“I was under the impresssion that the Dart was basically a Fiat.”
Fiat owns Alfa-Romeo (as well as Ferrari, Maserati, and Lancia).
As a result, there has been a lot of “blurring of the lines” between certain Fiat models and certain Alfa and Lancia models over the past few years. There is a lot of “blurring” between certain Ferrari models and some Maserati models.
Now, there will also be a lot of “blurring” between certain Chrysler models and the Fiat/Alfa/Lancia marques, in the same way that some GM models in North America are very similar (if not virtually identical) to GM’s Vauxhall, Opel, and Holden models from overseas.
As to parts availability, I seriously doubt that the Fiat parts problems of the past are still true.
Sergio Marchionne and the other folks who run Fiat nowadays are extremely savvy business people, and I am sure that they now understand the importance of parts availability on the other side of the pond.
To the best of my knowlge the Dart’s 1.4l turbo is the same engine that is in the Fiat 500. i read on online a road test of the turbo with the dsg gear box and they wern’t inpressed with the trans. but there are about 3 different trans used in they the dart drive them all , make sure youre ok with the way it drives and behaves. i will say this its a roomy small car and i’m 6-4 and over 350lbs. up to my drive the focus and ckeck out the new Kia Forte or the hyundia eletra.
I had a base model Dart as a rental for about a week.
It was a nice car, I felt there was no sort of power deficit whatsoever.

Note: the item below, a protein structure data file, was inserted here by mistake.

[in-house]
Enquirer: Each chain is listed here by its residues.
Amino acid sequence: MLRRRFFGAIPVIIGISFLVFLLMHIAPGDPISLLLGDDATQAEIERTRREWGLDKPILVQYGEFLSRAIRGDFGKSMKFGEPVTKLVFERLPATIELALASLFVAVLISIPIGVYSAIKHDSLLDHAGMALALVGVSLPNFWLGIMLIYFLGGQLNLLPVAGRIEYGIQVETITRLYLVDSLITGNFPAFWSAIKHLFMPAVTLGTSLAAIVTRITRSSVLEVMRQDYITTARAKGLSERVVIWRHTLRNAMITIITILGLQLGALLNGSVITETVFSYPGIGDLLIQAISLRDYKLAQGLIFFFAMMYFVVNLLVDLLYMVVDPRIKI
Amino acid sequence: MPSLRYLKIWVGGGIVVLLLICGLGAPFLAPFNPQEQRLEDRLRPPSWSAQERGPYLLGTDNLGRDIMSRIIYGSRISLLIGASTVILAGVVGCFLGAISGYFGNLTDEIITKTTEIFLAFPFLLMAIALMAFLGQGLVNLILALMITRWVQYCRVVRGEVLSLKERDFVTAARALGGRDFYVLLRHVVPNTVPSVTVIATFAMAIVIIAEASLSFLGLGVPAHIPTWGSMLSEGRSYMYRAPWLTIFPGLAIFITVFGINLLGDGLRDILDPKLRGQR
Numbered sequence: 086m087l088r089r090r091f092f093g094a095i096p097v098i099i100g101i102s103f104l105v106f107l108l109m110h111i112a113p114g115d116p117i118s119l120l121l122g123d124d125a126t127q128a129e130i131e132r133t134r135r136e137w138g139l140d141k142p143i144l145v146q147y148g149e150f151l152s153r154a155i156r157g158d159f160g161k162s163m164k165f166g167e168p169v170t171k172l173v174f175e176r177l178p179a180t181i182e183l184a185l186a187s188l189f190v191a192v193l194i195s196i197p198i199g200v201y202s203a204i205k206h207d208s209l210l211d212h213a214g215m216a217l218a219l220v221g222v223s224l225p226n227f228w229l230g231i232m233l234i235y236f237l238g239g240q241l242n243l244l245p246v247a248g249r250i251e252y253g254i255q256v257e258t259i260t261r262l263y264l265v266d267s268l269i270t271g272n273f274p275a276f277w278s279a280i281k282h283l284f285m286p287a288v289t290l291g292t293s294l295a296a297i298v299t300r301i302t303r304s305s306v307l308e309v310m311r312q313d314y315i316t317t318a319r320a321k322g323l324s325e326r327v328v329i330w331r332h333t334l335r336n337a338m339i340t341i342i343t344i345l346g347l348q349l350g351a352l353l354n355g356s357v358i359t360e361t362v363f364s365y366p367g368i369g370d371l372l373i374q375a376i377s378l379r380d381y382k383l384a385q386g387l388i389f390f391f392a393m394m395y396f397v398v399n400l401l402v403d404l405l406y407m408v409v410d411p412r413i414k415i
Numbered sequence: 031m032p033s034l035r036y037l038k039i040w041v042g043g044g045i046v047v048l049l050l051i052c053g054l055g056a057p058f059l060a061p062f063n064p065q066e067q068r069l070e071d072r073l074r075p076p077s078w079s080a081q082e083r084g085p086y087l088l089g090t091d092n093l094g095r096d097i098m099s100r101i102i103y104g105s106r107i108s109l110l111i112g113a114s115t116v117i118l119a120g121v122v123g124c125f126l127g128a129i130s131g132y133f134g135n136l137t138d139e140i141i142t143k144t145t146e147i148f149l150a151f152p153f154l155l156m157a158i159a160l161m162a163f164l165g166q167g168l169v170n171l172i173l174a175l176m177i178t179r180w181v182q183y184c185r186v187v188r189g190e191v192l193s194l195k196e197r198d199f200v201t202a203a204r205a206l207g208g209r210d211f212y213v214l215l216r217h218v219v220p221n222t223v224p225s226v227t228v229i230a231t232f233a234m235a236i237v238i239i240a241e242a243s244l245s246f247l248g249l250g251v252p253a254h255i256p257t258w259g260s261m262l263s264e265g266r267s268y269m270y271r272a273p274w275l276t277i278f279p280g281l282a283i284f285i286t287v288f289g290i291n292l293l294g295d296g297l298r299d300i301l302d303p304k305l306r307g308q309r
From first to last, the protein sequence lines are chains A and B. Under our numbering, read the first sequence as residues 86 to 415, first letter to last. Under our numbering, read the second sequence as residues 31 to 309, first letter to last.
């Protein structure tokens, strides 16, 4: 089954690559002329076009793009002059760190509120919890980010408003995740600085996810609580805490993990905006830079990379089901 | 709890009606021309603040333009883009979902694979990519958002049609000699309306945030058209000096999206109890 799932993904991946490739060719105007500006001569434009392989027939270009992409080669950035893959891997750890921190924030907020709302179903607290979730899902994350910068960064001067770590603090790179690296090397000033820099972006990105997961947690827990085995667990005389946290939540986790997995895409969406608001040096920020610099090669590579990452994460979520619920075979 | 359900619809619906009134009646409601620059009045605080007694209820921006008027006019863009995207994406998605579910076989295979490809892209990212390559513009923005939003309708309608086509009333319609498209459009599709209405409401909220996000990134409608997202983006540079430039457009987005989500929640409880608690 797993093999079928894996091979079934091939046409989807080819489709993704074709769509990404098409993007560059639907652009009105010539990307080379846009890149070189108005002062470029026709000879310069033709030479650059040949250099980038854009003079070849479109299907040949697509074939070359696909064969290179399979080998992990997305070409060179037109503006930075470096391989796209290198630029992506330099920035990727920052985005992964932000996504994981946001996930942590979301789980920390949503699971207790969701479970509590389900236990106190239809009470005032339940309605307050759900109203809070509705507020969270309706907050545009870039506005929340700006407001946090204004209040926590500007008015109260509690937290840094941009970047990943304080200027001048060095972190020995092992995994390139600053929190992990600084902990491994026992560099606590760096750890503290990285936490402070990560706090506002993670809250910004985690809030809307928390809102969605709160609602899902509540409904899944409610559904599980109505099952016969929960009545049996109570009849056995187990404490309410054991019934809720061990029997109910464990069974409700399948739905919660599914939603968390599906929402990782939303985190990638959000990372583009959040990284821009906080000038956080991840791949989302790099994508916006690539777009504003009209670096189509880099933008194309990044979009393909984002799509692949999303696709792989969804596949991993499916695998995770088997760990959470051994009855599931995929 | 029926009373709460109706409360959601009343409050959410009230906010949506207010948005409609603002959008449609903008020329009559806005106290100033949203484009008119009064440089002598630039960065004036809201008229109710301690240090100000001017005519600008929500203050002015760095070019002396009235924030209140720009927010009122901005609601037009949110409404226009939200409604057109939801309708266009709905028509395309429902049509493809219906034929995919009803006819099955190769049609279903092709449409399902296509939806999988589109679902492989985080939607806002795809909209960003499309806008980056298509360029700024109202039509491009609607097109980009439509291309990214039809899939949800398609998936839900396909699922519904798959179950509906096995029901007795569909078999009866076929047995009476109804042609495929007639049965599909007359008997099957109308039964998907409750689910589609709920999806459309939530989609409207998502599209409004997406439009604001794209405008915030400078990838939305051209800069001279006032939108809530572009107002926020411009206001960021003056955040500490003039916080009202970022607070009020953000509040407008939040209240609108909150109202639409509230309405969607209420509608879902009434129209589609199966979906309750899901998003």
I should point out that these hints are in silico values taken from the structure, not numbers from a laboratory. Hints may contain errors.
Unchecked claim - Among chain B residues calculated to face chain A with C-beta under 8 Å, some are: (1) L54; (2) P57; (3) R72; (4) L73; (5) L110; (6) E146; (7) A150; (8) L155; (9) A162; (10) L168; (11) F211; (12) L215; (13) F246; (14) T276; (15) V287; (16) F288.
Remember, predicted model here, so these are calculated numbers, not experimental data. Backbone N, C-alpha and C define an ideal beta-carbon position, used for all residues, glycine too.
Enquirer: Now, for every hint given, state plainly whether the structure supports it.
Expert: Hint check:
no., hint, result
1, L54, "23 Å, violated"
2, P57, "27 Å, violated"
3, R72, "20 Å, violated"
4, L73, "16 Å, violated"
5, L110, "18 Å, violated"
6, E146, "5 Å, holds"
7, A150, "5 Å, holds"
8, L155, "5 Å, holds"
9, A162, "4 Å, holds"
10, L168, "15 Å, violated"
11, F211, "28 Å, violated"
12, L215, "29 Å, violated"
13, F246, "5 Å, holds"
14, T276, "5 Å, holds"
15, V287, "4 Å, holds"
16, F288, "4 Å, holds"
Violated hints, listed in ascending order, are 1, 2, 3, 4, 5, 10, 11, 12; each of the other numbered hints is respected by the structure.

It felt like a high-quality vehicle, but it has less than 5k miles on it and most cars feel pretty good when new.
I thought that if I were in the market for a new car I would take a good, hard look at the new Dart.
@oblivion why should I definitely get Turbo?
You didn’t explain the difference in Ft-lbs or lbs-ft/
@asecular: Why should you get the turbo? Because you will be sorely disappointed over time with not getting the more powerful engine, IMHO. You won’t see much less mileage with the turbo, and you will have more power available. In my opinion more power=good, regardless of the vehicle. (within reason of course) Use full synthetic oil and change it when you’re supposed to and you should have no reliability problems with a turbo.
@EllyEllis Foot-pounds is a measure of WORK or energy expanded, while pounds-feet is a measure of TORQUE. Tightening wheel lugs requires so many pounds-feet of torque, which is the length of the wrench times the pull you put on it.
They’re the same thing.
Fifty pounds one foot from the rotating axis provides exactly the same torque as one pound 50 feet from the rotating axis.
Pounds per foot or feet per pound, it doesn’t matter.